Beginning of the conflict

In 1996, Thai filmmaker Sompote Saengduenchai (who also goes under the name Sompote Sands) claimed that Eiji Tsuburaya‘s son Noboru, who’d passed away the previous year, had granted him all Ultraman copyrights and merchandising rights outside Japan in exchange for a monetary loan.

Although the document did not clarify what exactly had been given to Tsuburaya in exchange for those rights, courts in Japan and Thailand accepted the contract as genuine due to the appearance of Noboru Tsuburaya’s hanko. Tsuburaya Productions insisted that the contract was forged, as several series were mistitled and Tsuburaya Productions was referred to as “Tsuburaya Prod. and Enterprises,” which was never used for company business. The document even erroneously titled Chaiyo’s own co-productions “Hanuman vs. 7 Ultraman” and “Jumborg Ace & Giant” as “Haruman and the Seven Ultraman” and “Giant vs. Jambo ‘A'”, respectively.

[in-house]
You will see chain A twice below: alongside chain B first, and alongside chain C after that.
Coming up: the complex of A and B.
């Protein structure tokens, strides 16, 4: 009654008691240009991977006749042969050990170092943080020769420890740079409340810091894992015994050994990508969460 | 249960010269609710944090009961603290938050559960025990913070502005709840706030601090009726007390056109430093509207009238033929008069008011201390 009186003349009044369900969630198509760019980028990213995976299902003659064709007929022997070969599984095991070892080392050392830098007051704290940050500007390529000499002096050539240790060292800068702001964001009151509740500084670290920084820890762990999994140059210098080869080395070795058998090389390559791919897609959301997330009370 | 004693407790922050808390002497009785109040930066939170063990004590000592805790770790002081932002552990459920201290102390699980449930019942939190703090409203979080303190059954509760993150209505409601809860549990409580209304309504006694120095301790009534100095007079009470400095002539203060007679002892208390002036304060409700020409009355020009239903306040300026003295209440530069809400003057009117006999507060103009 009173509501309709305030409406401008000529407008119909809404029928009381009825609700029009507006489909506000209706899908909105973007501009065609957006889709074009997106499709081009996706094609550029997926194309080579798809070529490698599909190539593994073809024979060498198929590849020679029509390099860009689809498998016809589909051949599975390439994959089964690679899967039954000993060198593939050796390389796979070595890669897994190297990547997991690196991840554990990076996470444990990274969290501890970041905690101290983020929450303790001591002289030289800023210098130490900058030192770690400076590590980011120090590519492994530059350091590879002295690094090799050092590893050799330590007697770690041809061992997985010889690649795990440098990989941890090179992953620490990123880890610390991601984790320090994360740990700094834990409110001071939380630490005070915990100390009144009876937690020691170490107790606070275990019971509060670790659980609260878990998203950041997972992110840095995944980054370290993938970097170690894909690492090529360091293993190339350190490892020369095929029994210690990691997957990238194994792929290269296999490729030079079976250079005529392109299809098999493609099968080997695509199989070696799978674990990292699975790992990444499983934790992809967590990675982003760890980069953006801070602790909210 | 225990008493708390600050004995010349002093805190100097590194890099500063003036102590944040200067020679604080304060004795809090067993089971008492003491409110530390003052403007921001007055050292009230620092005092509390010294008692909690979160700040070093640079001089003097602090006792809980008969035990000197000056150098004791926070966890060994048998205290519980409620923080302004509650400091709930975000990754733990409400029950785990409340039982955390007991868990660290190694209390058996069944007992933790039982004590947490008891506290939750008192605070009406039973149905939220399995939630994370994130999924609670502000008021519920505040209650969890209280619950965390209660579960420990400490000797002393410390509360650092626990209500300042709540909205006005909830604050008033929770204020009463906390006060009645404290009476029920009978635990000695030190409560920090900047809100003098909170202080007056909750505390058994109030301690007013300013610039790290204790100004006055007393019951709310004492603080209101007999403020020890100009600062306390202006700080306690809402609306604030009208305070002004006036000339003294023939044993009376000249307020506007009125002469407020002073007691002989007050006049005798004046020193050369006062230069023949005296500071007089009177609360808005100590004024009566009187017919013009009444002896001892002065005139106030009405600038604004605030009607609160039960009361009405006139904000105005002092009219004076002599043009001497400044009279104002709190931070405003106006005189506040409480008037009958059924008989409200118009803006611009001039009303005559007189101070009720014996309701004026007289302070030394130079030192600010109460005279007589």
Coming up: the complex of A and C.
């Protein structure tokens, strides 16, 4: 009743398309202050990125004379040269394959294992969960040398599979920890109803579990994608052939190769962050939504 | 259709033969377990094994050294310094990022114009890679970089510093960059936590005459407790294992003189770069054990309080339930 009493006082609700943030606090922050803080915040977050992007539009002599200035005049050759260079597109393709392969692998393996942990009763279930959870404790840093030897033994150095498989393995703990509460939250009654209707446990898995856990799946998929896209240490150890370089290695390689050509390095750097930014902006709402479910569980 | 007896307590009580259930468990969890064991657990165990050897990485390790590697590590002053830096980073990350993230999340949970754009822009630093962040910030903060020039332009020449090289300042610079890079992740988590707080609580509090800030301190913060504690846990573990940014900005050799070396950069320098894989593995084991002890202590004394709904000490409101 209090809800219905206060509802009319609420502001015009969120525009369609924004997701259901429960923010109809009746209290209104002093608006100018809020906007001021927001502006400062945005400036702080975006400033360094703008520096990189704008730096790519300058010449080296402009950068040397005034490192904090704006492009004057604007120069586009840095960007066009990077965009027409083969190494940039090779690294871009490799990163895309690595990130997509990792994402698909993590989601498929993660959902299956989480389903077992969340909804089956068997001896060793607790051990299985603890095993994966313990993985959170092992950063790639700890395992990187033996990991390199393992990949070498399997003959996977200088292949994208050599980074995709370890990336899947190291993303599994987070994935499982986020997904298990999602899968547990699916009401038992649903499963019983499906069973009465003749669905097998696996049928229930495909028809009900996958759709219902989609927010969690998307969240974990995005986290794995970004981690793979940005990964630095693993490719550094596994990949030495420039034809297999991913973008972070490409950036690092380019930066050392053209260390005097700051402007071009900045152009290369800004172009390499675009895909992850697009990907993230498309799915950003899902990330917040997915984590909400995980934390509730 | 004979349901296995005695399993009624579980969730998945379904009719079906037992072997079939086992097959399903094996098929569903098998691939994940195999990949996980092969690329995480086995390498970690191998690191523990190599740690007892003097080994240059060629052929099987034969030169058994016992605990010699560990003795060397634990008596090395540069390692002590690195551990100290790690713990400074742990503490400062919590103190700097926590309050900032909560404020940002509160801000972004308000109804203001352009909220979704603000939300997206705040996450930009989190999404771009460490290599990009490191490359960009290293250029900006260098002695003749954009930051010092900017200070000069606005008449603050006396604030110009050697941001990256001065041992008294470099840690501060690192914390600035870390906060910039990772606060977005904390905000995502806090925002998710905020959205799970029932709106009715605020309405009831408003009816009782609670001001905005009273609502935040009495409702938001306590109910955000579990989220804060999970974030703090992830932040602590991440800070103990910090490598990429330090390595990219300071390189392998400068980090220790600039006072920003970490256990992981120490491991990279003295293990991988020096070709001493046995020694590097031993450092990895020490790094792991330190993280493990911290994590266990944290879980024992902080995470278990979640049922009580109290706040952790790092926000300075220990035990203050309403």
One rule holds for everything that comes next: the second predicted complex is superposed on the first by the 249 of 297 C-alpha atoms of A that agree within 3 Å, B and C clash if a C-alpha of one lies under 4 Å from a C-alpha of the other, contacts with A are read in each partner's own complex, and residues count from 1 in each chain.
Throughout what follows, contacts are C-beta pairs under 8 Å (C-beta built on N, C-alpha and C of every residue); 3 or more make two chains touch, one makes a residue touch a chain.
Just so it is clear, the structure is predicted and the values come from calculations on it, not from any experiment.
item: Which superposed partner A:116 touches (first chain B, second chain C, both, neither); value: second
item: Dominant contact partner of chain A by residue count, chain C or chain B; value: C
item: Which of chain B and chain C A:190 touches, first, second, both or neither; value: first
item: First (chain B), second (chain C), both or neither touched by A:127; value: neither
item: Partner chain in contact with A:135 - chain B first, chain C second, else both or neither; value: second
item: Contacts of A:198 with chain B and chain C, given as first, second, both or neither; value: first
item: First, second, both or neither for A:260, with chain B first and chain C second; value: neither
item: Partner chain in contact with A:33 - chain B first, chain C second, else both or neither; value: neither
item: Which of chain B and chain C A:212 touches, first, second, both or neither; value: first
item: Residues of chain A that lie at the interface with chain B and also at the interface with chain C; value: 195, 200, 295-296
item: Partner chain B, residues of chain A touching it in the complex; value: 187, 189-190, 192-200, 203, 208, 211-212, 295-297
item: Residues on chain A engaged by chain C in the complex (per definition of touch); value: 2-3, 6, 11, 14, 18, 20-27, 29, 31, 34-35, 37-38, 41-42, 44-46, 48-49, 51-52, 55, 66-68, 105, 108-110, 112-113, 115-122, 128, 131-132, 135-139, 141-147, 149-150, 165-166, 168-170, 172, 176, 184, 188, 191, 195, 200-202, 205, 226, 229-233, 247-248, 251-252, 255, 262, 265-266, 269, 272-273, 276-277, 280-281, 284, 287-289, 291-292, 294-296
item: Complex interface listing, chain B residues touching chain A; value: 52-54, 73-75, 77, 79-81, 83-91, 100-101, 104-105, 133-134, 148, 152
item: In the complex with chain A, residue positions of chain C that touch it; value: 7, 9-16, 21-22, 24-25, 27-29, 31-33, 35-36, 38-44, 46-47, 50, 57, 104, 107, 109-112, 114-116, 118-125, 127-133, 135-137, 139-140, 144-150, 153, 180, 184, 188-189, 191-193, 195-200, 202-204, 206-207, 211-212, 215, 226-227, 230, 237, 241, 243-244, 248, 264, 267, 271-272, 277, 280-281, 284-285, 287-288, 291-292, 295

Throughout the lawsuit, Sompote claimed that the design of Ultraman’s face had been influenced by photos of Thai Buddhist edifices, which he’d personally shown to Eiji Tsuburaya. No other evidence supporting this claim was known to exist. It was around this time that Chaiyo formed another company, Tsuburaya Chaiyo Co., Ltd., of which Sompote was president.